In his column this week, Jewish Exponent editor Jonathan Tobin complains that the release of the National Intelligence Estimate on Iran seems to have put an end to the attention being focused on the question of how to stop the Islamic Republic’s nuclear program.
By leading with its claim that the Iranians had abandoned their nuclear-weapons program in 2003, the top American spies neatly spiked any chance that an international coalition could be formed to impose a tough sanctions regime on Tehran…. But there was one little problem with the NIE. It was probably wrong.
Critics of the document (in Israel, Europe and here) pointed out that a close reading of the text showed that, despite the opening language about a decision supposedly taken in 2003 on weapons design, the rest of the nuclear program was still going full-steam ahead. With their ongoing progress toward nuclear material capability, it wouldn’t take much to take the last step toward a weapon.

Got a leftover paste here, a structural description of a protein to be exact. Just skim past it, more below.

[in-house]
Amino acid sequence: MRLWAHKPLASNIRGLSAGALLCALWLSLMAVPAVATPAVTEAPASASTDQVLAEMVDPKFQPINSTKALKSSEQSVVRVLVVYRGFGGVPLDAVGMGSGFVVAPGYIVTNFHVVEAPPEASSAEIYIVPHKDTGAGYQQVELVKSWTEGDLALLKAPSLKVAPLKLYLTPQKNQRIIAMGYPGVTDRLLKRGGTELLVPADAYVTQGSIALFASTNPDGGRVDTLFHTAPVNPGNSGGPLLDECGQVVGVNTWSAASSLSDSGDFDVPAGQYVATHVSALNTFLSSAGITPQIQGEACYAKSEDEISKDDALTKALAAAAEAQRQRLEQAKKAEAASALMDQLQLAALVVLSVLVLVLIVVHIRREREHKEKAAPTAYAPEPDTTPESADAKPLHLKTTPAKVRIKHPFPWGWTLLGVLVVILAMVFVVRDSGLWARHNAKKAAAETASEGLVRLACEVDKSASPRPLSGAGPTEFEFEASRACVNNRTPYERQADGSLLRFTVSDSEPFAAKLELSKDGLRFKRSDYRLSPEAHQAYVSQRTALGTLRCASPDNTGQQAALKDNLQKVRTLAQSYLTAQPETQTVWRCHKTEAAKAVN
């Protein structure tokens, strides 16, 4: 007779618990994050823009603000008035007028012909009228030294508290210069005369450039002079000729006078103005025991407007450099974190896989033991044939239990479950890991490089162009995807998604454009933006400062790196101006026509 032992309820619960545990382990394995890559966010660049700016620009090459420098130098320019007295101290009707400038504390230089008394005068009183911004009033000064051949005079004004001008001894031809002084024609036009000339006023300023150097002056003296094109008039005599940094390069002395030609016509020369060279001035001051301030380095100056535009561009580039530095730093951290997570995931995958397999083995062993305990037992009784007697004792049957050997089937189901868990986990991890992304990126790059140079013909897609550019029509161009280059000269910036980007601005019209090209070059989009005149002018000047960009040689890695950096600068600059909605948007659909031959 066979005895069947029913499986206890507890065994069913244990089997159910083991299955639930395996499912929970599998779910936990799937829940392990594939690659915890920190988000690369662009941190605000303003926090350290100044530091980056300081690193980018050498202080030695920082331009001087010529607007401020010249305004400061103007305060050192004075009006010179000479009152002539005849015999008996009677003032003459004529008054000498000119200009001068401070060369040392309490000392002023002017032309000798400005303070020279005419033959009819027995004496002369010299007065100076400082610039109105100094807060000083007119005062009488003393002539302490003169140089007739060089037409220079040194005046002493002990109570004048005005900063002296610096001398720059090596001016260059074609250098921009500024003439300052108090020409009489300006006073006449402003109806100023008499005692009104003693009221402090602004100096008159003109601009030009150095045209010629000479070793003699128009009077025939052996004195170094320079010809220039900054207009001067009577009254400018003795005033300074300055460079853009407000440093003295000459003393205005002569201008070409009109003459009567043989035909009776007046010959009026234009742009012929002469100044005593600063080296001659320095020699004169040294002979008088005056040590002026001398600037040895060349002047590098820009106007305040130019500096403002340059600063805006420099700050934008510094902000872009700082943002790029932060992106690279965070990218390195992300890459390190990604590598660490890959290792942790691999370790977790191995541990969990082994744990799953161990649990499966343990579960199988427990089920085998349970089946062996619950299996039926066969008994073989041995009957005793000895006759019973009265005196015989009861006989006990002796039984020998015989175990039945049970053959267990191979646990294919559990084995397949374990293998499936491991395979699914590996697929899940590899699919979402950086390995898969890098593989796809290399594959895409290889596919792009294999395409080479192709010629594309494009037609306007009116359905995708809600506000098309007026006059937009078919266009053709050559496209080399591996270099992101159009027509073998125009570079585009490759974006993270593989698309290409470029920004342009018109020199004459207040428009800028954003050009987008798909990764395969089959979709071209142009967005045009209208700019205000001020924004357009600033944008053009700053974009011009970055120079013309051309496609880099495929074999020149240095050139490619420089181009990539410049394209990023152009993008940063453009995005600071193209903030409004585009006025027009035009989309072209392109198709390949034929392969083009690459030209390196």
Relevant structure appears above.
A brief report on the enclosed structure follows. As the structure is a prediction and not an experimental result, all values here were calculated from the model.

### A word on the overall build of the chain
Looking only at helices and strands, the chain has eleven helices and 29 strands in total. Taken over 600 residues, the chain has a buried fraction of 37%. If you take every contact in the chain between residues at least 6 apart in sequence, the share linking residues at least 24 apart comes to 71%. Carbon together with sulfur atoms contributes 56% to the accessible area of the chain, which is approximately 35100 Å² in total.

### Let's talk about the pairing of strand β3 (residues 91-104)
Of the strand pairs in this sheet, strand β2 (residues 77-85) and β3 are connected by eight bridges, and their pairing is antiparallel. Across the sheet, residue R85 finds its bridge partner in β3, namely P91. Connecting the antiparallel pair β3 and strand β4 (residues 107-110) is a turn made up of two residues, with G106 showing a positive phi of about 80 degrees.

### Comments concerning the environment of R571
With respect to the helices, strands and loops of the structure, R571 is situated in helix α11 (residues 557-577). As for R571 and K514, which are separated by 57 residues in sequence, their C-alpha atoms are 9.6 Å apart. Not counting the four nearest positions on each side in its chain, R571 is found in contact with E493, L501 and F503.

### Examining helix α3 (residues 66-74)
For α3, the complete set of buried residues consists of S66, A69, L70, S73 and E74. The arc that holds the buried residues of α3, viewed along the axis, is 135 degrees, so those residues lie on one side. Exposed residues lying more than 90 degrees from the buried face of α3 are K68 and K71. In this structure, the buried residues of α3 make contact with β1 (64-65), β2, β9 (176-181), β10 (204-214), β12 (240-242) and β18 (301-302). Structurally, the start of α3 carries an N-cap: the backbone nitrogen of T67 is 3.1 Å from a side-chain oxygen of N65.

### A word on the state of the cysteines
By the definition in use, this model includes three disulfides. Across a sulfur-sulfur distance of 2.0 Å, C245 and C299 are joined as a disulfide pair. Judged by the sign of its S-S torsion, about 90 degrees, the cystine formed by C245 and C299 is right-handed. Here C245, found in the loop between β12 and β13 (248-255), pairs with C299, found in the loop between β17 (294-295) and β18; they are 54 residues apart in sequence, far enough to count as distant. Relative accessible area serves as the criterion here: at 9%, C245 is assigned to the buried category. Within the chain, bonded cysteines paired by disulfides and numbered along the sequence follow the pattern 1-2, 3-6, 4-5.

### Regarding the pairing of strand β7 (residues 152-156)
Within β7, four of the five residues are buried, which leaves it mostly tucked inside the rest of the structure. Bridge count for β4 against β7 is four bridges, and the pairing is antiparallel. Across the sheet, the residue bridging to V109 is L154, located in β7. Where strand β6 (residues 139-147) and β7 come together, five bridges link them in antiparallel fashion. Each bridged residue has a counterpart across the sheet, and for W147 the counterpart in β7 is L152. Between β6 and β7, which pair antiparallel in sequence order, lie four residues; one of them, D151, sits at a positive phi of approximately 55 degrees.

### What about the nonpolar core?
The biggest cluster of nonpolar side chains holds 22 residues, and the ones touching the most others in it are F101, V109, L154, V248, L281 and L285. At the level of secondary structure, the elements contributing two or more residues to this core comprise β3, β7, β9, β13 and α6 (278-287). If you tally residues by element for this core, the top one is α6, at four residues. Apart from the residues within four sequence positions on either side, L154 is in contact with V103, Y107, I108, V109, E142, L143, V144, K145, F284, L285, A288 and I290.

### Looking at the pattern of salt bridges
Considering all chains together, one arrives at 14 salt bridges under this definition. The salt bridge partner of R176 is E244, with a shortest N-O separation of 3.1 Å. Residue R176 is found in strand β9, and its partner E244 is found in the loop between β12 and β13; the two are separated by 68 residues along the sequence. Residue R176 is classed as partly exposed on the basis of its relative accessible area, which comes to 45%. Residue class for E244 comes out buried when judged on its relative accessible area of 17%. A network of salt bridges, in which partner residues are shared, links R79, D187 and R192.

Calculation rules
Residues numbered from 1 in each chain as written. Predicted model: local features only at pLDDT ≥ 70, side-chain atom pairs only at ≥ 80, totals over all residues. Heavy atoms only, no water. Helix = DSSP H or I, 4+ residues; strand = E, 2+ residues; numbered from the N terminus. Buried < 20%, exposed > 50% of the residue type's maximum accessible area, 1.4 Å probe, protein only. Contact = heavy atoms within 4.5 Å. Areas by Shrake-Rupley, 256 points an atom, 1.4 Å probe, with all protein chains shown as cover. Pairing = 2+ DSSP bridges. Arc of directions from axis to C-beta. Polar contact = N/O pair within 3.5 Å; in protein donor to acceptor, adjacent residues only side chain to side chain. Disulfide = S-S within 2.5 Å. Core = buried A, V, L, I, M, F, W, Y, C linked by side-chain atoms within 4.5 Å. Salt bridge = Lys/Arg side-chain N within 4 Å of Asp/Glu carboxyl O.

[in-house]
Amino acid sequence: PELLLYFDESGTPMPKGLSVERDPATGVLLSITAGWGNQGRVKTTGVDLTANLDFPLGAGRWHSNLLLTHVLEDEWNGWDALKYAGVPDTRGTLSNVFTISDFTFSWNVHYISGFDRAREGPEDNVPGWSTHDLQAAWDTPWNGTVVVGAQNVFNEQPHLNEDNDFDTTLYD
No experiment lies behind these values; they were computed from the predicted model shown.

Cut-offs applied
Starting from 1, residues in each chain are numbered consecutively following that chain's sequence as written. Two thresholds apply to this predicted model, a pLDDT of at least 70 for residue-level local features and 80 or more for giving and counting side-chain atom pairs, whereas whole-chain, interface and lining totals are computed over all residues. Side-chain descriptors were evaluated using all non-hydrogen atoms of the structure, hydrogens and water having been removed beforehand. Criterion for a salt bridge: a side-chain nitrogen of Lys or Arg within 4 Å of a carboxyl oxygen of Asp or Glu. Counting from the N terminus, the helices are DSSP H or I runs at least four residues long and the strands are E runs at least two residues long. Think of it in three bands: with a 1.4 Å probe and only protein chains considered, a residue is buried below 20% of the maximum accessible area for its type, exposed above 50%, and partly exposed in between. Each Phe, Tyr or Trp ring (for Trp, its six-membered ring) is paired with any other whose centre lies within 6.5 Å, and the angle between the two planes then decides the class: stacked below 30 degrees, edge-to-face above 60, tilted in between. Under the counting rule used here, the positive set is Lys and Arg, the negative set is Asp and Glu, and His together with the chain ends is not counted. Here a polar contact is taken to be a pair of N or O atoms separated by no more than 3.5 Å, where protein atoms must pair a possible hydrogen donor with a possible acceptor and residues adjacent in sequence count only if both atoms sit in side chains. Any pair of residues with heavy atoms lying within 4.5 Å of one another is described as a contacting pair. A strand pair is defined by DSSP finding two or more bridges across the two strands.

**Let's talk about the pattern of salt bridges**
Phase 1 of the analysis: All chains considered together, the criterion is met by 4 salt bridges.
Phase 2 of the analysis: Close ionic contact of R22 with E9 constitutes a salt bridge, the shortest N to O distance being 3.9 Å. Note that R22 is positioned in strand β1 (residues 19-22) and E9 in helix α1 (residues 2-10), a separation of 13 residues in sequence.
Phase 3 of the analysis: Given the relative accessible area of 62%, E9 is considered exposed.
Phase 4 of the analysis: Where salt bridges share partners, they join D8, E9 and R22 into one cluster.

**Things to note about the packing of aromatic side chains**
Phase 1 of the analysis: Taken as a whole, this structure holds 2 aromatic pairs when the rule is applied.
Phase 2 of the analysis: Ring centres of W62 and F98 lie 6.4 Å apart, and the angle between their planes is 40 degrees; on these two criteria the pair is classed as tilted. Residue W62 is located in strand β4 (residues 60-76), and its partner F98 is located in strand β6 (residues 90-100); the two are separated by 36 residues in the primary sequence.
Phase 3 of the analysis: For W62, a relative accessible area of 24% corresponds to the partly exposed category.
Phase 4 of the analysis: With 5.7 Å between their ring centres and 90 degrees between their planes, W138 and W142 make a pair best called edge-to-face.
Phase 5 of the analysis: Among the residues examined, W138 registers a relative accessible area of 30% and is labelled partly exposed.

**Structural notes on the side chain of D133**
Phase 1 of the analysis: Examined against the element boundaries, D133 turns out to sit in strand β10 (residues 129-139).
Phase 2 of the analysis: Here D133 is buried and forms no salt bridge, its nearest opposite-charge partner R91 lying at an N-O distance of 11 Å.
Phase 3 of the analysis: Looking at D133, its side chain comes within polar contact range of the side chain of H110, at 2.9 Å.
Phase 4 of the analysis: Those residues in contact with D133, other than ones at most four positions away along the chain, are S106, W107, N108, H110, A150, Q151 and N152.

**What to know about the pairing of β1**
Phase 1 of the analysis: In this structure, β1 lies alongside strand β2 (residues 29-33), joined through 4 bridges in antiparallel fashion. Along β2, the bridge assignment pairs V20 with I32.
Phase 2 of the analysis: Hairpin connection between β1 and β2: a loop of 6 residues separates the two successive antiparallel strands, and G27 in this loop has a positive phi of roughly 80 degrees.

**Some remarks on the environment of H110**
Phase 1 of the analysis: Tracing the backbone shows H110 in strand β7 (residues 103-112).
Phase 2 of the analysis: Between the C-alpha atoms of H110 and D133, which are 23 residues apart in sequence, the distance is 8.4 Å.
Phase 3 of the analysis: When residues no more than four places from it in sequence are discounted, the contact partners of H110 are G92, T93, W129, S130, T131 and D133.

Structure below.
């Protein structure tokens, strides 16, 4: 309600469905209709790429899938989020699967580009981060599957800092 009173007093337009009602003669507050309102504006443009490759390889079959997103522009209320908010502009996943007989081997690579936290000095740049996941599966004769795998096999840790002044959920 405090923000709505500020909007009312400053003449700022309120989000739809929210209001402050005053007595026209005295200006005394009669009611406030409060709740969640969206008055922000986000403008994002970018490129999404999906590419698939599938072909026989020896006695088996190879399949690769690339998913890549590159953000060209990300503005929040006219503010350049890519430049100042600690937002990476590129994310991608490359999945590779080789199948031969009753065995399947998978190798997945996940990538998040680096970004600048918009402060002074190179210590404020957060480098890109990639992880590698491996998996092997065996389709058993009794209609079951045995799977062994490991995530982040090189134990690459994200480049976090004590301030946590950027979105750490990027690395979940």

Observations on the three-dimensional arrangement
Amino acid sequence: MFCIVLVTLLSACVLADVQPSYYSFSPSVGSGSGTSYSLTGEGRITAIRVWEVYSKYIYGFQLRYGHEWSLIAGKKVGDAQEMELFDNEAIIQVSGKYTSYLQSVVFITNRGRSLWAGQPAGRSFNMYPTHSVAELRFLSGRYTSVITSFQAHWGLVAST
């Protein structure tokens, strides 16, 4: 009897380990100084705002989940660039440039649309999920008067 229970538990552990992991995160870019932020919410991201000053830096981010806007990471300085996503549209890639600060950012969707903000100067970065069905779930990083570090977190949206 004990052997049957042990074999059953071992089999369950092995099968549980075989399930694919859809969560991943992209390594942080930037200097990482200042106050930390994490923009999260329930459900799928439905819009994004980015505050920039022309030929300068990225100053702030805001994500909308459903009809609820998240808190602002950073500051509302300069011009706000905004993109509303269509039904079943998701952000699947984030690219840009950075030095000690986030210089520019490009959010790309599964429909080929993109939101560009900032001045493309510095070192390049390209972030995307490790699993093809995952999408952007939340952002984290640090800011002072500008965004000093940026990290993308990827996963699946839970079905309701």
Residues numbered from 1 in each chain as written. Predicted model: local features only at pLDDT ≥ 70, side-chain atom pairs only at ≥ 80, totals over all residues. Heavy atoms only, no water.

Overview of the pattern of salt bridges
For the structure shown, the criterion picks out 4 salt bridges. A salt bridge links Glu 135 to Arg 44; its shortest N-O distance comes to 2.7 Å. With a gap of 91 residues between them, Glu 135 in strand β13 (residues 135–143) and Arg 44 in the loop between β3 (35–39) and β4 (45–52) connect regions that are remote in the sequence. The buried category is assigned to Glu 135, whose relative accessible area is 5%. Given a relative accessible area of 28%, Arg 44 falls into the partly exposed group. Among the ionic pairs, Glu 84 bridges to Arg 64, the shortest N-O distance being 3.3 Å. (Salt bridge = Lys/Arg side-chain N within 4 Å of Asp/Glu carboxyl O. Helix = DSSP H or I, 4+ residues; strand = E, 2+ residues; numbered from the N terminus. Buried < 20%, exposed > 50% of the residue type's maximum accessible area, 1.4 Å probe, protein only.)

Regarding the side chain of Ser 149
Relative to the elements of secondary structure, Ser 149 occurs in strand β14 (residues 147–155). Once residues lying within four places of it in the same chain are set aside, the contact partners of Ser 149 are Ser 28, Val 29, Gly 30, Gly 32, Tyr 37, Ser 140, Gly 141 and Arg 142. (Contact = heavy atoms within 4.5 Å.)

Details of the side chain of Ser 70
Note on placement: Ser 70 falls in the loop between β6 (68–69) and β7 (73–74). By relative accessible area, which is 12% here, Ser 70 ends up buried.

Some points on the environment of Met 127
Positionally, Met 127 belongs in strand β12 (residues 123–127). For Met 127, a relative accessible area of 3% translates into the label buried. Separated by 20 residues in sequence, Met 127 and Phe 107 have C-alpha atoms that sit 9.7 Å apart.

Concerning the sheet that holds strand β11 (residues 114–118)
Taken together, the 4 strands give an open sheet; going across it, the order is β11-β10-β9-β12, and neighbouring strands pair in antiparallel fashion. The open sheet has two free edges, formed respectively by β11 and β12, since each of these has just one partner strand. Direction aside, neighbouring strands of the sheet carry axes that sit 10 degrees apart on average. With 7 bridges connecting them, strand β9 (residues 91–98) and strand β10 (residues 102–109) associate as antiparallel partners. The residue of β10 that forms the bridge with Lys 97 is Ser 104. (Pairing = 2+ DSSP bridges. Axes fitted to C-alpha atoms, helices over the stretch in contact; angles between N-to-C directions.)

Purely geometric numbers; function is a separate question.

If that wasn’t reason enough to worry about the NIE’s conclusion, then surely, Iran’s brazen announcement earlier this month that it had begun to deploy a new generation of machinery to produce nuclear fuel should have set off alarms.
According to Tobin, “it isn’t necessarily too late to undo the damage” done by the NIE. One key step is to figure out where Barack Obama, Hillary Clinton and John McCain stand on the Iran issue. The problem, he adds, is that though “some tactical differences have emerged,” observers are left with “a frustrating lack of information on what is, in all likelihood, the most important decision that the next president will take.”
That makes it all the more important that the press and the public begin to press the candidates for specifics about their ideas on this subject.
Given the stakes involved, we can’t wait until next year to find out more about their thinking. The latest revelations about the NIE make it imperative that the time to learn about their Iran policies is before November.